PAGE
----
Let me introduce Andy Binder, RPCV Cameroon 2003-2005. You may not know Andy, but if you’ve ever looked at this NCPCA website you’ve seen his work; his volunteerism has continued in his work as the NCPCA webmaster for the last several years.
Andy grew up near Milwaukee and attended the University of Wisconsin-Madison, where he majored in French, with a minor in African studies. During a semester abroad in France, he visited Morocco, and that prompted thoughts of Peace Corps. He applied, was sent to Cameroon, which is half French-speaking and half English-speaking. He was posted to a village far from the capital– how many of you can name the capital of Cameroon?
His village was very close to the border with the Central African Republic. He taught English in that Francophone part of the country, using a curriculum that was very much like that used in France, with textbooks that were European-slanted. He also taught an HIV & AIDS curriculum, and worked that into English classes, so for example, students had to demonstrate how to put on a condom & explain it in English.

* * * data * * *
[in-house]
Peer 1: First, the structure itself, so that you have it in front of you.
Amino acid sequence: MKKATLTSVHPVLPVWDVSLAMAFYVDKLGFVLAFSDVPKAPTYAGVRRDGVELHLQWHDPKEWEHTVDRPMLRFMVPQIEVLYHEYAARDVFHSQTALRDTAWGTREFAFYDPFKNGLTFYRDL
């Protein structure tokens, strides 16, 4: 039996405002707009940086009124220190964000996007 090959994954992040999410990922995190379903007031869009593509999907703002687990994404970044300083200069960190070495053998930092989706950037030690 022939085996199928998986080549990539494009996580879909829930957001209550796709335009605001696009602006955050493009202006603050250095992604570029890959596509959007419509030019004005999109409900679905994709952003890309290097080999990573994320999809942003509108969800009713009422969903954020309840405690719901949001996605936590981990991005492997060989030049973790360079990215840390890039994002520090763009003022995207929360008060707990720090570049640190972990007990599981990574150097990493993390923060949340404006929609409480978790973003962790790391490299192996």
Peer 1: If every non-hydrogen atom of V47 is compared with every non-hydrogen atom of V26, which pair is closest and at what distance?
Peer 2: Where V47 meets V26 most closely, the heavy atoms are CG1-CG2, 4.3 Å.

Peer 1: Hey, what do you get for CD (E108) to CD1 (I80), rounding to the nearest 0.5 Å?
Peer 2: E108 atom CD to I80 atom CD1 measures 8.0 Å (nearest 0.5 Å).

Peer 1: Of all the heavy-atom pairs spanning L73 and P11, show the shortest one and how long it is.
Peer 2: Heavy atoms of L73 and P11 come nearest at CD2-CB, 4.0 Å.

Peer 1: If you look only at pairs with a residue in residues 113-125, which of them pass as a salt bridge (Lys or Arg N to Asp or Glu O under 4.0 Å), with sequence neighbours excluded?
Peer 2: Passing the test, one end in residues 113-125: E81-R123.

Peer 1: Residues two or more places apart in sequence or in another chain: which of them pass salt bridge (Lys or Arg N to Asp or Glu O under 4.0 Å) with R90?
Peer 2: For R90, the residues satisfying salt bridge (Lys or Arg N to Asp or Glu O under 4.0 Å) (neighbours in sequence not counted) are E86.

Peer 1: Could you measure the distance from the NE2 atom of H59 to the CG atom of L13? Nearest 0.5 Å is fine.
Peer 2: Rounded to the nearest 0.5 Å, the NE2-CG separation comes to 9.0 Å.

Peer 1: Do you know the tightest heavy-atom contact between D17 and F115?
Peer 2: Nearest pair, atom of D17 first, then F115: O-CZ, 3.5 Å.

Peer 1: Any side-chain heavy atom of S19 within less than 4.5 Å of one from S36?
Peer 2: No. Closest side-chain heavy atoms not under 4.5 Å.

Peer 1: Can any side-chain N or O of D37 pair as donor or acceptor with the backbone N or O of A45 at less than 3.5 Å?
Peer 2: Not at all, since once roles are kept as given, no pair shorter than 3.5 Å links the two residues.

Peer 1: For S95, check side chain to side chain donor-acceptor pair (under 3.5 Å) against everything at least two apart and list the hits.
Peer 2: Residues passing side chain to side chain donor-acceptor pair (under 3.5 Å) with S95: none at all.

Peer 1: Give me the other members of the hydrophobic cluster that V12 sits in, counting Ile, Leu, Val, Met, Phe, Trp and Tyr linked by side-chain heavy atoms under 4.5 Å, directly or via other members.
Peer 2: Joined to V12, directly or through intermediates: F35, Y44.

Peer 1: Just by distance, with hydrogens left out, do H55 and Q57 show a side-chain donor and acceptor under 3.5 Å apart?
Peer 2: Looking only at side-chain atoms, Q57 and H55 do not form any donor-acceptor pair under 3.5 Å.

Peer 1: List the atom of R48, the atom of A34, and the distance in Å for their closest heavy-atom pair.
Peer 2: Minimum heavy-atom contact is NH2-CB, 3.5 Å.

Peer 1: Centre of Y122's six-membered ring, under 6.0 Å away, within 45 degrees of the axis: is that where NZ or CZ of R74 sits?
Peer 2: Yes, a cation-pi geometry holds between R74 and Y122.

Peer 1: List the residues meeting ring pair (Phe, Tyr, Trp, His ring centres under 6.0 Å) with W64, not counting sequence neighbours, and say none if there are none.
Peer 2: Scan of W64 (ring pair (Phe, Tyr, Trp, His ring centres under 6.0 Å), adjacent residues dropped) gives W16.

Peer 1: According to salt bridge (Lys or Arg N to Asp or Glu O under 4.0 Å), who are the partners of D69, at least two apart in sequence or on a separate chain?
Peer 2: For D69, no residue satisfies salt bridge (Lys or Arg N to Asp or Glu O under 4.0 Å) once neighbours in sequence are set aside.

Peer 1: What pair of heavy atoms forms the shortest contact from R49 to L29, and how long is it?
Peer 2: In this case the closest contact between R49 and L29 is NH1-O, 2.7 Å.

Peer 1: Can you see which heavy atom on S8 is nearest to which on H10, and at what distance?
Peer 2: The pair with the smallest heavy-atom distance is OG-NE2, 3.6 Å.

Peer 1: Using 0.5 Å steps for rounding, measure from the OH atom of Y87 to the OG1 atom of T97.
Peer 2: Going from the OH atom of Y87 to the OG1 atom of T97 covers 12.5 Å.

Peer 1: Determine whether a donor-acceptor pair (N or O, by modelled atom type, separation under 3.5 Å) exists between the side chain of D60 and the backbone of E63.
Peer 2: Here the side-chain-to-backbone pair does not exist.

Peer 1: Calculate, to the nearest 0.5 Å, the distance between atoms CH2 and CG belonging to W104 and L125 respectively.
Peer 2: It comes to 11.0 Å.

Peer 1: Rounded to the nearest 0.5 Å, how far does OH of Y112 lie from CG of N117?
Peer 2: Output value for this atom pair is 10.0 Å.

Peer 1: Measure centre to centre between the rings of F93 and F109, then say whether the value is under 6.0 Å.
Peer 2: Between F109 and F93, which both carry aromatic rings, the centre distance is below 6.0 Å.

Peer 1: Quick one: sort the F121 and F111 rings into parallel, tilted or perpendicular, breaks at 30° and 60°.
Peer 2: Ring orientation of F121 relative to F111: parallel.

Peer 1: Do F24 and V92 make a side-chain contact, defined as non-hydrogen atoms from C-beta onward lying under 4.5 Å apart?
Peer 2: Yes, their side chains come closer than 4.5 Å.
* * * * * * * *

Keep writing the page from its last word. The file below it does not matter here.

Here are some other photos from his time in Cameroon:
Like many RPCV’s, he found the re-entry process coming home to be tough; he says it was a difficult emotional experience, and took two years. At first not sure what to do, he took a class in the UW program for the Master’s in Life Sciences communication, and then completed that degree in 2007, and went on to a PhD in Communications in 2010.
Andy is settled in Raleigh, recently married & honeymooned in Belize, where they didn’t eat all the wildlife, like they did in Cameroon! He’s Associate Prof in Department of Communication at NCSU. His research interest is how people understand risk in everyday life, how they interpret information about the scientific knowledge they come across. Why do we believe what we do of what we are told? His recent article analyzed US tweets about the disaster at Japan’s Fukushima-Daiichi nuclear power station, and another examines public attitudes toward biofuels. He would like to see NCPCA take on an active or hands-on collaborative project, like supporting work with local victims of human trafficking, or work with recently settled refugees.
He recently completed his first triathlon, and finished in the top half of his age group; he will do the Outer Banks Triathlon in Sept. Go Andy!